Modern attempts to produce biogeographic maps focus on the distribution of species and are typically drawn without phylogenetic considerations. Here, we generate a global map of zoogeographic regions by combining data on the distributions and phylogenetic relationships of 21,037 species of amphibians, birds, and mammals. We identify 20 distinct zoogeographic regions, which are grouped into 11 larger realms. We document the lack of support for several regions previously defined based on distributional data and show that spatial turnover in the phylogenetic compositn of vertebrate assemblages is higher in the Southern than in the Northern Hemisphere. We further show that the integration of phylogenetic information provides valuable insight on historical relationships among regions, permitting the identification of evolutionarily unique regions of the world.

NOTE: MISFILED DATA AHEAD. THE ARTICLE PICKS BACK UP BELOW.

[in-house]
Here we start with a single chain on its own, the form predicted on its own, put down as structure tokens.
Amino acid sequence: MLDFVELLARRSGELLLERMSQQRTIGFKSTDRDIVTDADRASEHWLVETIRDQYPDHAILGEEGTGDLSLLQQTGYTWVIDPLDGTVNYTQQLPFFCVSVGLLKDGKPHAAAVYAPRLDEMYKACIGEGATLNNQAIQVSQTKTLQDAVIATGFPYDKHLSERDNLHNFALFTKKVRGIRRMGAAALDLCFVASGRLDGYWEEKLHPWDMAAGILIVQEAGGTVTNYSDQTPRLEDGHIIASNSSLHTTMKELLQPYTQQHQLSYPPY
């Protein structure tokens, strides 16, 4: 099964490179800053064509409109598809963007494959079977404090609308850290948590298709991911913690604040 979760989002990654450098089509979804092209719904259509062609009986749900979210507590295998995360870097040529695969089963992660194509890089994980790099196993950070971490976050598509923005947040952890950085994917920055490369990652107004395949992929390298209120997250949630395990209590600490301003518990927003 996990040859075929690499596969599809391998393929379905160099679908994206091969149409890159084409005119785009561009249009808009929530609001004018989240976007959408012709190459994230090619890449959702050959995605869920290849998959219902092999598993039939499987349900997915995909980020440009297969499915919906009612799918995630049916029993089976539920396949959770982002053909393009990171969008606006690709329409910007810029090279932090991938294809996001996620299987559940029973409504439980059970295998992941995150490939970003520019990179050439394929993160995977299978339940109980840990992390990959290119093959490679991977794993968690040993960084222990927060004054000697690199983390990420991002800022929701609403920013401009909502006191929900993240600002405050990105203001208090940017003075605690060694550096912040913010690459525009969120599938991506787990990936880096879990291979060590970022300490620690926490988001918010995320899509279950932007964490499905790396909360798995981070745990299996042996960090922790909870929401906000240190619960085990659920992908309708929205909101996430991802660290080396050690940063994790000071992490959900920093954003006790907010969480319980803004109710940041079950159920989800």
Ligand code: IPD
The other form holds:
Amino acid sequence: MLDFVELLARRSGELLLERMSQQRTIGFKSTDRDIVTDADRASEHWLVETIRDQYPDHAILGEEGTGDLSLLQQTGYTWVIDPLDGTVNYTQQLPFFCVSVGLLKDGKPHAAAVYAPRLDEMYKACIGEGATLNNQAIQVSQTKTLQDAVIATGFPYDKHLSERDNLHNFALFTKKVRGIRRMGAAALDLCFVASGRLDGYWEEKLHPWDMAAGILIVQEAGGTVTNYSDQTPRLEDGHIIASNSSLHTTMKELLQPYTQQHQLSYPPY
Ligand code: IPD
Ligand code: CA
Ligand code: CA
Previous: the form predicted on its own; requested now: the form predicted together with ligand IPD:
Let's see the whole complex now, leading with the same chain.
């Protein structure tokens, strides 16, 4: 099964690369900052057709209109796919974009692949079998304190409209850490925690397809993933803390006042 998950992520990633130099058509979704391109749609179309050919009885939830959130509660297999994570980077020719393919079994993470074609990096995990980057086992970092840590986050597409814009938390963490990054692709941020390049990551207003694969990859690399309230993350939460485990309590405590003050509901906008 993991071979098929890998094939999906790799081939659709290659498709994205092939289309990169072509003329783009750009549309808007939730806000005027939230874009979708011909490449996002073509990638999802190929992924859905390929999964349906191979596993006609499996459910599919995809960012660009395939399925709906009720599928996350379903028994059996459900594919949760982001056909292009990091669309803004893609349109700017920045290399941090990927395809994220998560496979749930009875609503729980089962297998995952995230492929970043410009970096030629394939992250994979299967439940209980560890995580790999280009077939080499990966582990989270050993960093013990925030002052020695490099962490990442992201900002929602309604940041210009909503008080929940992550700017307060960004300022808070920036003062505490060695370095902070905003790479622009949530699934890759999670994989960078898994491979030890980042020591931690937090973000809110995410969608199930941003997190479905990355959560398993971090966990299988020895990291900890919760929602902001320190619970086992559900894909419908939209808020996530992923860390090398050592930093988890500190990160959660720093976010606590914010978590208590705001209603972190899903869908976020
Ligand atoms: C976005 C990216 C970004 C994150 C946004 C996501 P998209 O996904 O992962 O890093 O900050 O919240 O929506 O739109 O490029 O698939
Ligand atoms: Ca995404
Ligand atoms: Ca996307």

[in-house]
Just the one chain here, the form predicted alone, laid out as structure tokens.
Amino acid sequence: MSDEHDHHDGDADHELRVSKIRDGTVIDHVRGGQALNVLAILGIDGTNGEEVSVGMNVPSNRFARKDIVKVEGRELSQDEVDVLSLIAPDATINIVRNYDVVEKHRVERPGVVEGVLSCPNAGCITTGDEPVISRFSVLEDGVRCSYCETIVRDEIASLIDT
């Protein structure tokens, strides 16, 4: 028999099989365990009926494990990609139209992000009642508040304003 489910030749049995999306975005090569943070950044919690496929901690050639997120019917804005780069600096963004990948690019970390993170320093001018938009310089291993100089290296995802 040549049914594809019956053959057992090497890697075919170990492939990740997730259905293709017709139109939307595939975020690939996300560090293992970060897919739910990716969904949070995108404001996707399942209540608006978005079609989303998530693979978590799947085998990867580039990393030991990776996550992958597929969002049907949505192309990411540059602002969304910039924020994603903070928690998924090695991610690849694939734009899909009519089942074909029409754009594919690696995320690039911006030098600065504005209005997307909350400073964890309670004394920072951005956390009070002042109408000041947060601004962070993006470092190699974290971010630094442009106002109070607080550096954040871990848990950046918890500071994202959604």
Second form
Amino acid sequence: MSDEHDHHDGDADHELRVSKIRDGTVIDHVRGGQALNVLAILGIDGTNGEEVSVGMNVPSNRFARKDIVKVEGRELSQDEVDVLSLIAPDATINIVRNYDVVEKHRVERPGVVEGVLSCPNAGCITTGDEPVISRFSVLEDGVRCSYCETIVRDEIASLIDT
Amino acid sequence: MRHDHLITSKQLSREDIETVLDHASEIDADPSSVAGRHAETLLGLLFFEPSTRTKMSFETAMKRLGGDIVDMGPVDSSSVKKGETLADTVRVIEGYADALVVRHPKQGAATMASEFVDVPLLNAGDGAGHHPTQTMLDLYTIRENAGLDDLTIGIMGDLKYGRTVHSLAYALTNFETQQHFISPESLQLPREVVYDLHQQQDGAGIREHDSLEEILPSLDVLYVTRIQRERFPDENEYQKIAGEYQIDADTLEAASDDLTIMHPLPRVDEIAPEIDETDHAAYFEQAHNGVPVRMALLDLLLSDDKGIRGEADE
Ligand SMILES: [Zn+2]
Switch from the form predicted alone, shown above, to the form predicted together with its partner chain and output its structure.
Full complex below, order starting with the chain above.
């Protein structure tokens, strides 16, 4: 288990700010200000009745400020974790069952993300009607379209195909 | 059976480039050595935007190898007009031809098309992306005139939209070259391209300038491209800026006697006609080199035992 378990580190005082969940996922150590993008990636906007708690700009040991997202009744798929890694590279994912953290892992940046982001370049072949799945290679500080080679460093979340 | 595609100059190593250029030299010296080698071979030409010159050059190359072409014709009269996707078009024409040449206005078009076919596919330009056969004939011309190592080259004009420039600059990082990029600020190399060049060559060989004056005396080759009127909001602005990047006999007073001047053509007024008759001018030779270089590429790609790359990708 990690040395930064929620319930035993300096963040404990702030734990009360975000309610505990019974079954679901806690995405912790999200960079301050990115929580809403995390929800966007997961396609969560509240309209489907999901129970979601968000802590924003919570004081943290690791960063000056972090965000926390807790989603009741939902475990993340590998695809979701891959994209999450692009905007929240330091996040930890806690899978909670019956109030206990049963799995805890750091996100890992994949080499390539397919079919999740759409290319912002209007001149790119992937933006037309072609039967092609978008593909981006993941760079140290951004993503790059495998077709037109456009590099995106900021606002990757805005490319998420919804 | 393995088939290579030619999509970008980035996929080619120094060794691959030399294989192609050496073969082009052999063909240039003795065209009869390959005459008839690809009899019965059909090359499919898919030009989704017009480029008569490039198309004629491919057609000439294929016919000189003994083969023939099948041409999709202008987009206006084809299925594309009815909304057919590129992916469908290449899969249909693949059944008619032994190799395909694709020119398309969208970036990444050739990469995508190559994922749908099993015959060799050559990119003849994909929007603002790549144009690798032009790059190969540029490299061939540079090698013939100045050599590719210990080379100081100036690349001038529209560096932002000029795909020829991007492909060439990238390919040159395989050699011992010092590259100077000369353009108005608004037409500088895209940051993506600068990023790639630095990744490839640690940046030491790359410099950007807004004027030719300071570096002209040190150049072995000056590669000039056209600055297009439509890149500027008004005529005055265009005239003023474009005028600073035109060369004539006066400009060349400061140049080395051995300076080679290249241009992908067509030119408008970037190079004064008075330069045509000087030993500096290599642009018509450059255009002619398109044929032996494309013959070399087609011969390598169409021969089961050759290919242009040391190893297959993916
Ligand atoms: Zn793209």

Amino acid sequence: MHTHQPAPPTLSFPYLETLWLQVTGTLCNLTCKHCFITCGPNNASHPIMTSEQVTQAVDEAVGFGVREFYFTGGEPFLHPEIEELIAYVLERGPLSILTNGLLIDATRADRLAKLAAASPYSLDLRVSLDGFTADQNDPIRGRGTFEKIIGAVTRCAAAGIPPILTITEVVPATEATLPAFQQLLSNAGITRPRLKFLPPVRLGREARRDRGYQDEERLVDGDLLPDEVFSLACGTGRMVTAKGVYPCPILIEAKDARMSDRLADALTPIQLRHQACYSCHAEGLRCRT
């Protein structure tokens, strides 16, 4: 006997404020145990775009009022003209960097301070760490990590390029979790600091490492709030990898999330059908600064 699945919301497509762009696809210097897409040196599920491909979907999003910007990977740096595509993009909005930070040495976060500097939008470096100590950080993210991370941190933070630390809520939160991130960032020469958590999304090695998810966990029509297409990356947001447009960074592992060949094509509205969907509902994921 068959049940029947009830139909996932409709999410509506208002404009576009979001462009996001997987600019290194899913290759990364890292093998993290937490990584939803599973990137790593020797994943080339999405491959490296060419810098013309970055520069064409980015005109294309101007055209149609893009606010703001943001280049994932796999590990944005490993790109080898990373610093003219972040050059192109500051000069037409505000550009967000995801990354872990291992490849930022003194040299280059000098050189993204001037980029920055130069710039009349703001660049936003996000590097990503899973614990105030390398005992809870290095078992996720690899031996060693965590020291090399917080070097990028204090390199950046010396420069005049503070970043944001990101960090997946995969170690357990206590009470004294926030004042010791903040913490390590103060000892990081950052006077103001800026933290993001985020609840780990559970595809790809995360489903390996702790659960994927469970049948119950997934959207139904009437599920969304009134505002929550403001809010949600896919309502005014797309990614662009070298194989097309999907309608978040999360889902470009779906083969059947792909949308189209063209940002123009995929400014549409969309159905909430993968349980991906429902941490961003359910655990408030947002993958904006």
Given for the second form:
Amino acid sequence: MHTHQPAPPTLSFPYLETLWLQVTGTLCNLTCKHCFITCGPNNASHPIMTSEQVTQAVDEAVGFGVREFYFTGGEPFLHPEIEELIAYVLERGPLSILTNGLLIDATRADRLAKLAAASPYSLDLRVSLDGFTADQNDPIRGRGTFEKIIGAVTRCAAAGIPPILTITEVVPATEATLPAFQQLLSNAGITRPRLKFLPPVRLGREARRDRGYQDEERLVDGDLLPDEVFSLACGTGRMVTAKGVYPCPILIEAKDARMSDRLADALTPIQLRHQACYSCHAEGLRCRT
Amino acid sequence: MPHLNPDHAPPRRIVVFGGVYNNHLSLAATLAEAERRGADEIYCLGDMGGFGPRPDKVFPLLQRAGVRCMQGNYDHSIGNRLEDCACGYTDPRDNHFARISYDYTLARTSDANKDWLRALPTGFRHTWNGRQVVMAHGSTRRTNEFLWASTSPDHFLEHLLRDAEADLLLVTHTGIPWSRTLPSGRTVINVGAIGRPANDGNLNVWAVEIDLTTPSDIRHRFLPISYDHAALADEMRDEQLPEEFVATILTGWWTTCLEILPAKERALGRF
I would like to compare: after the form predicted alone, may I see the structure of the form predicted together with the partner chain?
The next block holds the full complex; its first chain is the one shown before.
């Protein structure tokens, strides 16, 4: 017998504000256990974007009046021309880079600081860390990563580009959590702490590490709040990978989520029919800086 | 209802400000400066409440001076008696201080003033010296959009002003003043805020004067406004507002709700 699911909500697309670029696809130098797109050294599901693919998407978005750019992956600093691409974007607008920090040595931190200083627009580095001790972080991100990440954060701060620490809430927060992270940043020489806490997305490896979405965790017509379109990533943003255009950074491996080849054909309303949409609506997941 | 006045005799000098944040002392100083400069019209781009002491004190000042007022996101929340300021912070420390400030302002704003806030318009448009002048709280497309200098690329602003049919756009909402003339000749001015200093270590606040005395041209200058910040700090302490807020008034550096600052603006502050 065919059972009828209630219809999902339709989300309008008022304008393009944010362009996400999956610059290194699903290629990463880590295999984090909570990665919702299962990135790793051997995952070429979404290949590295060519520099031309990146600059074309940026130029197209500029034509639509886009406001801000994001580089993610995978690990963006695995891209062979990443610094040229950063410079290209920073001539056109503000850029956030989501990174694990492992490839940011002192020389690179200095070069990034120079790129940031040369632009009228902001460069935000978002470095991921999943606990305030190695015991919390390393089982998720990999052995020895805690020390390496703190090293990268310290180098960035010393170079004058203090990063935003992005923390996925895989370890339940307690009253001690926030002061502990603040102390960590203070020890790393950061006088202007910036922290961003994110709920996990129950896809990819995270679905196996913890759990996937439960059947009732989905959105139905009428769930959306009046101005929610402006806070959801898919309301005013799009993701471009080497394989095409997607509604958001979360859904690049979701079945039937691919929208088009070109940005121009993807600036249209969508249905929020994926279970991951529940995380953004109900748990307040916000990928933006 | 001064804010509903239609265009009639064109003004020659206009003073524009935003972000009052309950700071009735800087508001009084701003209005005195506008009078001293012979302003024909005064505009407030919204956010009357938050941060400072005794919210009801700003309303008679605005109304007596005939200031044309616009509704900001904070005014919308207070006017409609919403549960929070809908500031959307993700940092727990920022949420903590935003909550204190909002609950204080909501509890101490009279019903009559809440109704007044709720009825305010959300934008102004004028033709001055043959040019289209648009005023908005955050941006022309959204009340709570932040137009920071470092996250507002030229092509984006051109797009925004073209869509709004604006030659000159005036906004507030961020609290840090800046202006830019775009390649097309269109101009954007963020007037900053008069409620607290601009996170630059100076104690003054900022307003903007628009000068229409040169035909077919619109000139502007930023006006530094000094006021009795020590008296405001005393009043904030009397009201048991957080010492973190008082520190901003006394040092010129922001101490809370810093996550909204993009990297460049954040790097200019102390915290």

Fig. S1. Map, dendrogram and NMDS of cross-taxon zoogeographic realms based on phylo-distributional data
for amphibian, bird and non-marine mammal species of the world.
Fig. S3. Comparison our zoogeographic realms and regions with Wallace’s original zoogeographic regions and subregions